Still Growing

by Jason Halm, Farm Manager

We see it all around us: as I drove up the farm early Monday morning, an early hard frost had sounded the bell for this summer.  A summer that stretched on so hot and so dry; one that seemed endless, had actually ended quite a while ago. We still, though, could hold on to signs that it wasn’t quite autumn yet: days, until this past week, were sunny, dry, and quite warm. Trees hadn’t quite hit their peak foliage. And we still, until the very end, were able to get a few tomatoes out of the field every week in spite of ever-lowering nighttime temperatures.

Still, we have a month left in our main farmshare season–or, as many call it, our summer season. It’s just that as frosts begin to recur later this month, we will turn, increasingly, to treasures tucked away in storage and underground, in addition to greens and plants like kale and broccoli that have highly sophisticated anti-freezing properties and resistance embedded in their genetic code. Due to these wonders of plant physiology, we expect an extremely strong finish to the end of our main season and a very strong late fall season. We also expect to have at least a few sales after fall shares conclude, beginning in December–so do keep an eye out for those!

And yet, as our main season has yet to end and we still continue to hand out the prizes of a hard and hot summer (potatoes, onions, winter squash, should I keep going on and on?), our eyes turn both toward the future and back to the past. We reflect on the (in our eyes) wild success of this past year while seeking improvement in the next. The improvements stagger and stack on top of one another, leading to a long-term exponential growth in the quality of the farm.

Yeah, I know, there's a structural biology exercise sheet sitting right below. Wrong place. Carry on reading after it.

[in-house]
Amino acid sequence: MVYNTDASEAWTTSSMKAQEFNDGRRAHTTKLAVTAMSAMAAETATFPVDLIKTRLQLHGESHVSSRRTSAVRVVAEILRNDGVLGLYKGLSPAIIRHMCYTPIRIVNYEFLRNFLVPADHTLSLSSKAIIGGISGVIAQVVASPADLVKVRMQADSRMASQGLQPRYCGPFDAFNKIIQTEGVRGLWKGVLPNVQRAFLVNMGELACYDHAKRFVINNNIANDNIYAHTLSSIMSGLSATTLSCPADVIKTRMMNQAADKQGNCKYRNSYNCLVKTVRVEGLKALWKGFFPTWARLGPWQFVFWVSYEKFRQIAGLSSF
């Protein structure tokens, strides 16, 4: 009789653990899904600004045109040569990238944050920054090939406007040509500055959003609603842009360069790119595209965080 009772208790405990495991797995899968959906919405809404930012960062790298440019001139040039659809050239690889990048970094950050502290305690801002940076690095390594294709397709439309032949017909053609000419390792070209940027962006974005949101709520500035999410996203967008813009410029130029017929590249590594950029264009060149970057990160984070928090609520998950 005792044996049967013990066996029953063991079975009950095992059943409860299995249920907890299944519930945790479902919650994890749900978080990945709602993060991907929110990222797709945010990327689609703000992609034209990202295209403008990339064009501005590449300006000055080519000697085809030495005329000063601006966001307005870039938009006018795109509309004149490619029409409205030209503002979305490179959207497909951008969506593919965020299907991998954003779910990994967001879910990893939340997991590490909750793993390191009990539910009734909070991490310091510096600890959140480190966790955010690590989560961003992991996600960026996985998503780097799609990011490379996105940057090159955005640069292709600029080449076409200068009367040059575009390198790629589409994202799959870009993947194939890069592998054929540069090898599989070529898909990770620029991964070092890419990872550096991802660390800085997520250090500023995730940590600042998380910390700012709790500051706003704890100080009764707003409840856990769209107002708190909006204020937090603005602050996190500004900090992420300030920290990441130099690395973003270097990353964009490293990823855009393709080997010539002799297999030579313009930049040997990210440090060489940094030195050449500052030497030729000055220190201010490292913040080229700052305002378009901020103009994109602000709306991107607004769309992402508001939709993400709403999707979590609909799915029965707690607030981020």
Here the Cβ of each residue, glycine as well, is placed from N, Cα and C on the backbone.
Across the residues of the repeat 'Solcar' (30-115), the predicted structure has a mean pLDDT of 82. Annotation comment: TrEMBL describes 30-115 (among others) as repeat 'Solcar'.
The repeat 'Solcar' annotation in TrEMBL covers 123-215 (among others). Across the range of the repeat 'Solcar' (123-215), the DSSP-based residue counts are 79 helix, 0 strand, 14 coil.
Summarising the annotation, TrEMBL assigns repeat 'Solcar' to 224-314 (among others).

The wins from the past year that I will continue to savor include having pizza nights, having  Hufendick here to sell their locally raised meat and dairy products, and having Emily here to sell flowers. We’re happy to say with certainty that Hufendick and North American Pizza Culinary Academy will be back in 2021. Emily will be returning for her third year on the farm, this year working full time, and will be helping us grow flowers for you as well.

Of course, with the wins came some losses–among them the cancellation of our first planned farmer’s market. This winter we will be looking into other farmer markets to find if there’s a good fit for us. We also will again set aside farm shares for employers looking to subsidize shares for their employees as part of a wellness program (in the same way many employers subsidize gym memberships and other healthy behaviors) and continue our long-standing partnership with Loaves & Fishes to help feed families in need.

We’re also very proud of some of the abundance we’ve had: our tomato and spring beet crops were the best I have ever seen here. We also had good ones, like garlic and potatoes and onions–but in those, we also see a lot of room for improvement. Dan and I have been meeting after the field work is done for the day once or twice a month to discuss what could be done better for next year.

One of the things, from a cropping and planning standpoint, that we plan to improve for next year is to expand choices for all shareholders, particularly in the months of June and July. We began to look into some more heat-tolerant greens this year, and we plan to utilize malabar spinach and heat tolerant lettuce varieties to ensure we meet our goals. We’ve also been playing with how we grow carrots, which has made all but certain that we will have a stunning crop this fall. We’re very excited to try this new cropping system for carrots in the spring, when we believe it will have even more of a dramatic effect.

And although the hard frost has come in the night once, there are still plants growing. Our crew is out here, working at least as hard as ever. The vegetables just keep coming in. The successes stack, one by one, until they begin to multiply on themselves.

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